Madness need not be all breakdown. It may also be break-through. It is potential liberation and renewal as well as enslavement and existential death.
Insanity — a perfectly rational adjustment to an insane world. Quotes by R.D. Laing
R.D. Laing (1927-1989) was a psychiatrist and author who, though not to his own liking, became viewed as leader of an “anti-psychiatry” movement. One of his controversial theories was that schizophrenia sprang from environmental dysfunction, often within the family—as in “a hopeless ‘heads-I-win, tails-you-lose’ emotional situation…Finding such a situation intolerable, a boy or girl escapes this unbearable pain through schizophrenia” (New York Times).
Laing, states Stephen Dalton (Hollywood Reporter) “was something like a Scottish Timothy Leary, a Swinging Sixties counterculture icon who attracted a cult following among the young, shared a stage with The Grateful Dead and dropped LSD with Sean Connery….A radical opponent of prison-like asylums and anti-psychotic drugs, the Glasgow-born guru challenged the medical establishment while enjoying a hedonistic rock-star lifestyle, partying with famous fans including The Beatles.”
Interestingly, in the book R.D. Laing: A Life his son Adrian described the fact that “despite his astonishing empathy with the disturbed, Laing failed to address his own family problems…” (publisher’s blurb).
David Tennant stars as Laing in Robert Mullan‘s new film Mad to be Normal, now on DVD, which places much of its focus on Laing’s work between 1965-70 at Kingsley Hall (London), his residential facility for those diagnosed with schizophrenia. Whereas conventional medications were generally eschewed there, LSD as treatment was not.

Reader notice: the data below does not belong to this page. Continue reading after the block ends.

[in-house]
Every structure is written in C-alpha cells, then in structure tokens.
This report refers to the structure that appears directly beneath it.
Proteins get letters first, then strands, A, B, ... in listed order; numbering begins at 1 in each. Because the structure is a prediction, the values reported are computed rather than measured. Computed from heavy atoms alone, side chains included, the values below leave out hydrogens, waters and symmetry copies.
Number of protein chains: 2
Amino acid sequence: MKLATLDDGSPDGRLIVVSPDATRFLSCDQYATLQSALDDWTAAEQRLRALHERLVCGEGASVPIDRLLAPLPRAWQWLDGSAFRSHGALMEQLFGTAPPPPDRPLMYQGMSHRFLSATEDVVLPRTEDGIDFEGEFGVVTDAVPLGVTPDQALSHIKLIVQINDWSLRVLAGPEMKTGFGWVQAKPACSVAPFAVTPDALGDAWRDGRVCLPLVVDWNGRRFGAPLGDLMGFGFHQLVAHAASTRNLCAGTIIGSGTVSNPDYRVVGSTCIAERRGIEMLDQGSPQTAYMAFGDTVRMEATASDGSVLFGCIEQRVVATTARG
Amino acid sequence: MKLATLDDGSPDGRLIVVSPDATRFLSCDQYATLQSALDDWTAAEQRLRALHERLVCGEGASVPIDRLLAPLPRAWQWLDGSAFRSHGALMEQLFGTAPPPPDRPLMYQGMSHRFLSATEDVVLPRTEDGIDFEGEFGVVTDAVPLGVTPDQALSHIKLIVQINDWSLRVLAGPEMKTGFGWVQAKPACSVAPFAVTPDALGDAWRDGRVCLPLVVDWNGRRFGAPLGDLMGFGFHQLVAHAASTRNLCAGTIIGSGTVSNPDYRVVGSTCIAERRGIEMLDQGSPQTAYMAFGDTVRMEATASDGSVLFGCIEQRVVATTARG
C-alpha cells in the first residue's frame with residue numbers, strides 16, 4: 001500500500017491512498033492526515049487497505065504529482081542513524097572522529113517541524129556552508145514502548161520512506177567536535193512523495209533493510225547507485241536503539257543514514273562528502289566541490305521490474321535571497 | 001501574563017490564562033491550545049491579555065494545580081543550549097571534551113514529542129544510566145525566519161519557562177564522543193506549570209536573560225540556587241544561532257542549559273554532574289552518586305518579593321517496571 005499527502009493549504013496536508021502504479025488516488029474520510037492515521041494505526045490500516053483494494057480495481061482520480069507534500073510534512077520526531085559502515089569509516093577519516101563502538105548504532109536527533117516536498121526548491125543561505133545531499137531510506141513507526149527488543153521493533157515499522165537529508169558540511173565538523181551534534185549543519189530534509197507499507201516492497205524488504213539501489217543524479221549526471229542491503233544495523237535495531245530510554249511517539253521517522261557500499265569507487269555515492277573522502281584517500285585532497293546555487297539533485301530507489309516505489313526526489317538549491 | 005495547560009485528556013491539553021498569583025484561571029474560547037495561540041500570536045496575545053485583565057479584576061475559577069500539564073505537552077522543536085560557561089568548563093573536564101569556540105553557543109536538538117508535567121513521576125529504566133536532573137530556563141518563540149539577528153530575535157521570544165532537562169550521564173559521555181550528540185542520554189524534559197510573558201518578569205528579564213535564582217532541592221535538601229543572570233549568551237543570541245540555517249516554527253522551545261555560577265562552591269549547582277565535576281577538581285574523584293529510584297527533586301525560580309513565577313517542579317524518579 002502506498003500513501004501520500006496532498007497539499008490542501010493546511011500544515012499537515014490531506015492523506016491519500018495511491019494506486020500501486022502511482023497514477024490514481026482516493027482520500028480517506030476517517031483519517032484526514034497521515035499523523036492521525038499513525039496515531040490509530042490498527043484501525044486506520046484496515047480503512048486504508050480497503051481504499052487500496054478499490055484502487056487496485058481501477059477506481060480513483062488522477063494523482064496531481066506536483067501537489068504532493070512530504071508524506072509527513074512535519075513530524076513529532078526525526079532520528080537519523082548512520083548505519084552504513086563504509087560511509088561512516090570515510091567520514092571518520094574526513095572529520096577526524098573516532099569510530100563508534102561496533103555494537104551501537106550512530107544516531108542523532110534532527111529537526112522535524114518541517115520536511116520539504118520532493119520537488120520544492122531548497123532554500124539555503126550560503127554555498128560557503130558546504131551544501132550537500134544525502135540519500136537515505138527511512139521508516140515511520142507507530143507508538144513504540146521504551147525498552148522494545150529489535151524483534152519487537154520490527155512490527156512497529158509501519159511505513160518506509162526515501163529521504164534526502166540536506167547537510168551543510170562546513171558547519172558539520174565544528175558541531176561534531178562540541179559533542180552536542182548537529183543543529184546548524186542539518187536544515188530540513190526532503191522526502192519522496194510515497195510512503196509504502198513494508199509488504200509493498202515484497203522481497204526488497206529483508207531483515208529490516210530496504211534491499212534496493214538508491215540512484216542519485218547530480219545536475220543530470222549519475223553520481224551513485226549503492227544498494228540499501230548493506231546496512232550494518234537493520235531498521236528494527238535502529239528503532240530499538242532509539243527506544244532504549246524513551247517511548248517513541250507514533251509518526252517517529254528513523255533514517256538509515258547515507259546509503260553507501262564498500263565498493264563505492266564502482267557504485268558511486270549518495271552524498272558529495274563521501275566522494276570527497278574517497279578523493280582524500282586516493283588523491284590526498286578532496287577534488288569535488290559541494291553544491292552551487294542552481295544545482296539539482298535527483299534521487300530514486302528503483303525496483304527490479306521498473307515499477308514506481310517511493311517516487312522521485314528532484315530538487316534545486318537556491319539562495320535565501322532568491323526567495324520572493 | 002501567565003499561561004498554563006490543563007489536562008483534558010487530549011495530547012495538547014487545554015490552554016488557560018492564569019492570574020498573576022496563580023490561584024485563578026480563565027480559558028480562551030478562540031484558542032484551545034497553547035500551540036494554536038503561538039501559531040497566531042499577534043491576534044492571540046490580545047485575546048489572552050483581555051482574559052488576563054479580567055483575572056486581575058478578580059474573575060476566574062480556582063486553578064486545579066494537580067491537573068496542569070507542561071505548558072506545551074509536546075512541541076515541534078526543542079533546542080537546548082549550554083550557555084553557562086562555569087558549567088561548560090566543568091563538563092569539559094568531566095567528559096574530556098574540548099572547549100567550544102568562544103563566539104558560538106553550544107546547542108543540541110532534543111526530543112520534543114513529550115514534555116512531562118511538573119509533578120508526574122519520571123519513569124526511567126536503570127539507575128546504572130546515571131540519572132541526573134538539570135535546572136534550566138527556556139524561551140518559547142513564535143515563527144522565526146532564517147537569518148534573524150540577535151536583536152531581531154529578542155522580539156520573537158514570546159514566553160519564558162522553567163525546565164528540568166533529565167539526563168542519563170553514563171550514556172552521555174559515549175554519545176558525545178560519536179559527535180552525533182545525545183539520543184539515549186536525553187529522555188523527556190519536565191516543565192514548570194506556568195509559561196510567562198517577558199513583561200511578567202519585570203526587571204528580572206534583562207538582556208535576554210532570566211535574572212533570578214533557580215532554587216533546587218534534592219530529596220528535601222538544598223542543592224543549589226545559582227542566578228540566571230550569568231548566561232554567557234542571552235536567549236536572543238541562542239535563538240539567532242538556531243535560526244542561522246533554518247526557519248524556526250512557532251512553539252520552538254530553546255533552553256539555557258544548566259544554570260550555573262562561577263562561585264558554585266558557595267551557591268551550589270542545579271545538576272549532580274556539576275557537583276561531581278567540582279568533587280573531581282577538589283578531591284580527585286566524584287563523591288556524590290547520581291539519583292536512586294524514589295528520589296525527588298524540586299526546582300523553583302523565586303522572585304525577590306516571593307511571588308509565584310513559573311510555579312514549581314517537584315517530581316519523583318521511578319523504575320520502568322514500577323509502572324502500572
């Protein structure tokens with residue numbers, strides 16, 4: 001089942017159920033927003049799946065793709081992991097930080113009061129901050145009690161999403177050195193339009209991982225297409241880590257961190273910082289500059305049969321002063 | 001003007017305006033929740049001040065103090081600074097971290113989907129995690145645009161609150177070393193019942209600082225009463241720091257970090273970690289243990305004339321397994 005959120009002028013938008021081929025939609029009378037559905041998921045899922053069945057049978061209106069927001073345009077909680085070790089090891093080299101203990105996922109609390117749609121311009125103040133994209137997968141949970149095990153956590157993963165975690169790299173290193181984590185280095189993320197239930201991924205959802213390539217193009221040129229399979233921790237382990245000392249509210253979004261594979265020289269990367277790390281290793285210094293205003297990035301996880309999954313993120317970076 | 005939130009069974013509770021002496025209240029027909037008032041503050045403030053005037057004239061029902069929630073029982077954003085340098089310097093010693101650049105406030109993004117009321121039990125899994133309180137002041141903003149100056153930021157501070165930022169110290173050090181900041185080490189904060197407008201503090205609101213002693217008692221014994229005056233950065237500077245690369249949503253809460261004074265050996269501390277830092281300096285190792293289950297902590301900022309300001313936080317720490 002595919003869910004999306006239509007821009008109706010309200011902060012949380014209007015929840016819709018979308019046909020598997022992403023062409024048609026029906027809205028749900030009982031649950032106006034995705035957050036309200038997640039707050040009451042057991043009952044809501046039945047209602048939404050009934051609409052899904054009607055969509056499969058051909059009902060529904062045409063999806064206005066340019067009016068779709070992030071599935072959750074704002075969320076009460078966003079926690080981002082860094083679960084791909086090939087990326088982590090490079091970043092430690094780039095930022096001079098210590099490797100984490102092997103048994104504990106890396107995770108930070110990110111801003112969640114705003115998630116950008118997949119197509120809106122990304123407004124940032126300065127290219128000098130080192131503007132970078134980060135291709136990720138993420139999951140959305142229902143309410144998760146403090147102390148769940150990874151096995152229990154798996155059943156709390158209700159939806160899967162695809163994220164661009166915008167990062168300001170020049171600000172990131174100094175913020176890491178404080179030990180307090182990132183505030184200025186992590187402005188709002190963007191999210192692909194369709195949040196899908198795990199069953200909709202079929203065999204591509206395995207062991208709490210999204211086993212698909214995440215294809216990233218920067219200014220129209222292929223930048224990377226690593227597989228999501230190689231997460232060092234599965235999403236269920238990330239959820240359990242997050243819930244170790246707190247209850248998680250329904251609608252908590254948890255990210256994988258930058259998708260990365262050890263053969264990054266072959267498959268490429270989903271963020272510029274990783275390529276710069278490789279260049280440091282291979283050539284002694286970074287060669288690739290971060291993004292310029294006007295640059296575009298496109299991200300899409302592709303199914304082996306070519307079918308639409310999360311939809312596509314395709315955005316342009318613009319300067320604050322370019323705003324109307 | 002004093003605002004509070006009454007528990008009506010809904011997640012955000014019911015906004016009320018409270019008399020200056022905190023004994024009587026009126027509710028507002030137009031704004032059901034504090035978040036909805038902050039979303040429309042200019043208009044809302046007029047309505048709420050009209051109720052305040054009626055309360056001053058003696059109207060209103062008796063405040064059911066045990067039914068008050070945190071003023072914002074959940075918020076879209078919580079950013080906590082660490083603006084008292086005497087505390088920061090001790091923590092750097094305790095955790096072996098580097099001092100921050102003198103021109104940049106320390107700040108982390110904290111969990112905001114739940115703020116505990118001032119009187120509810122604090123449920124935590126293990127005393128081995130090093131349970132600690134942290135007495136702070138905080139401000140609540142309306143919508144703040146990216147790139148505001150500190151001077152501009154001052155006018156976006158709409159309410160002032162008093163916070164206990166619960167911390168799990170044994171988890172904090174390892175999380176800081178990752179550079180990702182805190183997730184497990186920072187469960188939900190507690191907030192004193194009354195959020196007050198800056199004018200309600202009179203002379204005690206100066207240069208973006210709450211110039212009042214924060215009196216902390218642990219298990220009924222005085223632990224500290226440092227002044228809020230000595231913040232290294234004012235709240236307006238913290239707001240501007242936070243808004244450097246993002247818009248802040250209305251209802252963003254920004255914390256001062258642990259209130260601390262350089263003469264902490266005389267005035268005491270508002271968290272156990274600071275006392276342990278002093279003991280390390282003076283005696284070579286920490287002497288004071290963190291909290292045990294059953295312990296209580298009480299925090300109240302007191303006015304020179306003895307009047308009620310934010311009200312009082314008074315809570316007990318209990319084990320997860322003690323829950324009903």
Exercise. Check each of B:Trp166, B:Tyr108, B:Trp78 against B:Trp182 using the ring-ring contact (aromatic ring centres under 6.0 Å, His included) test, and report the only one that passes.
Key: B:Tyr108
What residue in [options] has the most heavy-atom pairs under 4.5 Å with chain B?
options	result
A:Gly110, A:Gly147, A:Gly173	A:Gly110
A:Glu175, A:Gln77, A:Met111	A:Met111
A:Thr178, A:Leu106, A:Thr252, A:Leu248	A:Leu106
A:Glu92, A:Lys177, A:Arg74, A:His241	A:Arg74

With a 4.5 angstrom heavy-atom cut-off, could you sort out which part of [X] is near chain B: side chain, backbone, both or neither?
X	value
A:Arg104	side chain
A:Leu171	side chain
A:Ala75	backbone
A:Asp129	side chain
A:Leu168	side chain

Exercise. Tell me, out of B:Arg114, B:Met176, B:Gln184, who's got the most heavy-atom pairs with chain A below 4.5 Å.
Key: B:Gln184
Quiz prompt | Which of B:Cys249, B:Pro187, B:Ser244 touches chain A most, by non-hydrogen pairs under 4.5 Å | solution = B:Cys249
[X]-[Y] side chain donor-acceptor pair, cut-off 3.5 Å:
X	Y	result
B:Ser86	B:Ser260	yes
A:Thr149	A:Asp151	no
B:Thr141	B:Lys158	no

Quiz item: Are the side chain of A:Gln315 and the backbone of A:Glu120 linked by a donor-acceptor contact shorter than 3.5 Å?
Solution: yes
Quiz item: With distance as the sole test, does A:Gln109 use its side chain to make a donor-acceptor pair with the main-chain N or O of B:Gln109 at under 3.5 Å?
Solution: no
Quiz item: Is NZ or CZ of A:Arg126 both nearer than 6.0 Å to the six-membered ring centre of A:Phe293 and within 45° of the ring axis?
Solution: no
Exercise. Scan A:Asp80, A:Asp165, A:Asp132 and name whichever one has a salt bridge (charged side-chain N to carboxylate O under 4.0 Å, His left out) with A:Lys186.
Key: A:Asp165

Watch the trailer:
Diagnosed herself with schizophrenia, Stephanie Allan has written a review for The Psychologist. An excerpt:
The impact of Laing’s work that resonates most heavily today is that madness is an understandable response to ‘unlivable situations’; he would even describe extreme mental states as a ‘voyage of self-discovery’. However, these passionate beliefs aren’t demonstrated in any of the Kingsley Hall characters, and I found their portrayal lacking…
Film critic Peter Bradshaw, The Guardian, is a bit more complimentary, on the other hand: “…Gabriel Byrne and Michael Gambon are excellent as his patients: old men who in a later era might be overlooked as care-in-the-community homeless.”
Untrue elements include the existence of Elisabeth Moss as “Laing’s (composite-fictional) partner Angie,” according to Bradshaw, as well as the following, as detailed by Hollywood Reporter:
The real-life death of Laing’s daughter Susan (Alexandra Finnie) from leukemia is brought forward by a decade, a clumsy chronological contrivance of questionable taste. A prickly meeting between Laing and his starchy battle-axe mother also feels like a jarringly artificial bid to stoke up Freudian psychodrama.
Among the fictionalized regulars at Kingsley Hall are Jim (Byrne), a volatile Anglo-Irish depressive who jealously guards his connection to Laing, and Sidney (Gambon), an elderly lost soul who agrees to take LSD to help resolve the lingering trauma of his parents’ death in a grisly murder-suicide. Strangely, Mullan overlooks some of the community’s most famous real alumni, including Mary Barnes, a schizophrenic who became a celebrated painter. Mad to Be Normal also suggests Kingsley Hall was forced to close in 1970 in response to thuggishly hostile locals and self-serving establishment doctors. The real chain of events was inevitably more complex, and involved two patients jumping from the roof.
Dalton’s conclusion, in part:
Almost three decades after his death, the value of Laing’s contributions to psychiatry remain contentious, particularly as he embraced more esoteric New Age methods in later life, declined into alcoholism and lost his license to practice. Mullan’s take-home message is not wholly uncritical but obviously partisan, concluding with the simplistic claim that Laing’s ideas ‘live on.’